A sketch by Helen Wills of herself, demonstrating a forehand volley, which appeared in her 1928 book on how to play tennis.
Nagging back injuries hampered Wills' tennis career in the mid-1930s, and she was unable to play for many months at a time during that period. She was finally forced to retire in 1938 at the age of 32. However, before her retirement, she came back for one final win at Wimbledon, once again besting her Berkeley rival Helen Jacobs in the final.
Helen Wills defeats Helen Jacobs in 1938 to win her eighth and last Wimbledon title.
In her career, Helen Wills had won, in addition to two Olympic Gold Medals, a total of 31 Grand Slam titles. Although her career was interrupted and shortened by injuries, in a period of 15 years she won 19 Grand Slam singles titles: eight Wimbledon titles, seven US titles, and four French titles. Had the Australian been a Grand Slam event at this time, she undoubtedly would have won several more Grand Slam titles. She also won 12 Grand Slam doubles and mixed doubles titles with eight different partners. In her entire career, she never failed to reach the finals of any Grand Slam tournament in which she played, except for two tournaments in which she had to default due to injury. Helen Wills' eight Wimbledon single titles was the most by any player, man or woman. That record stood for more than 50 years, until Martina Navratilova won a ninth singles title in 1990. And Navratilova is still the only player to equal or exceed Wills' record.
Helen Wills was inducted into the International Tennis Hall of Fame in 1959, the Cal Athletic Hall of Fame in 1978, the Bay Area Sports Hall of Fame in 1981, and the Intercollegiate Tennis Association Women's Hall of Fame in 1996. She died at her home in Carmel, California on January 1, 1998, at the age of 92. Although she had married twice, first to Frederick Moody, whom she met at her match with Suzanne Lenglen, and later to polo player Aiden Roark, she had no children. She left her $10 million estate to the University of California to found the Helen Wills Neuroscience Institute in Berkeley. The Institute currently has a faculty of over 50 researchers and administers the University’s graduate program in neuroscience.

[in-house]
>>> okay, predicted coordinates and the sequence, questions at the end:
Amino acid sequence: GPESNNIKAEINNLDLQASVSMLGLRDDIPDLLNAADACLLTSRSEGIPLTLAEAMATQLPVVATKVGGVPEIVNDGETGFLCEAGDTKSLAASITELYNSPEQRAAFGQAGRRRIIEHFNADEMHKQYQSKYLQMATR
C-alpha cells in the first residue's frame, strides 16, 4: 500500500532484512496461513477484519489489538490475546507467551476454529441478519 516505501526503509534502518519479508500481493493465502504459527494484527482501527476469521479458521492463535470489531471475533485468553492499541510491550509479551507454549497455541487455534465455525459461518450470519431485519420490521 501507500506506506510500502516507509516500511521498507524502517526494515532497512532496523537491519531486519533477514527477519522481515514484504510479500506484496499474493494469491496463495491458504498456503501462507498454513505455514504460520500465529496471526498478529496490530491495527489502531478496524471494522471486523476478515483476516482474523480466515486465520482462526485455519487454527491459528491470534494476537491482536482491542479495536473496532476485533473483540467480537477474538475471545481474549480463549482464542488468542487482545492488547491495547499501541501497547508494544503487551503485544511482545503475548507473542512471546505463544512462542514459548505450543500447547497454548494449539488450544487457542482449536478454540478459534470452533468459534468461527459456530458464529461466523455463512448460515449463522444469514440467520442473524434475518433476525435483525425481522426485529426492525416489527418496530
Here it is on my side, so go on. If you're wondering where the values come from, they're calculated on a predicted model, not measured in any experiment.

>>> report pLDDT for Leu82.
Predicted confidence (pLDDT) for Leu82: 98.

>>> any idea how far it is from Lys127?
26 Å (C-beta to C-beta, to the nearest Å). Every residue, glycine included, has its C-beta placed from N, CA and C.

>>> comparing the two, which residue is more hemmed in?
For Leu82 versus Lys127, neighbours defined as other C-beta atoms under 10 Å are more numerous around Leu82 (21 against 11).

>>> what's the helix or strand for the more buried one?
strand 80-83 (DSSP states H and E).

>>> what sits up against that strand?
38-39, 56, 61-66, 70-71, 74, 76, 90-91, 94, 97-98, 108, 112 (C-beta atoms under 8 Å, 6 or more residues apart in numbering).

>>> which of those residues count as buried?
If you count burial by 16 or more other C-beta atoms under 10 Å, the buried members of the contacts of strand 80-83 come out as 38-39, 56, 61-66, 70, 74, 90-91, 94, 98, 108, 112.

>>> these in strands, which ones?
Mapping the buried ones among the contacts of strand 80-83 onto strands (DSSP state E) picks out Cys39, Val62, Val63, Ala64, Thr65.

In 1984, when Tennis returned to the Olympics after an absence of 60 years, the 78-year-old Helen Wills sent this message to each member of the US Olympic Tennis Team on the first day of competition:
On this day that welcomes the return of Tennis as an Olympic sport, though I am not present for the occasion, I am there in my thoughts, and join you all in welcoming the return of the game we love so much to the competition that it so well deserves. At this moment, my thoughts go back to July 1924, in Paris, the last time tennis was included in the Olympic Games. Using the word 'last' once more, I, the last member of our Olympic Team who is still living, am so happy to extend a message that I believe would be expressed by each member of our 1924 Olympic Team: We are very happy not to be remembered as the "last team" – We now belong to the future. Our message to all future contestants is to carry on proudly the Olympic Tradition of Sport for all Nations – In Peace, Helen Wills Roark, 1984
Helen Wills, 1937.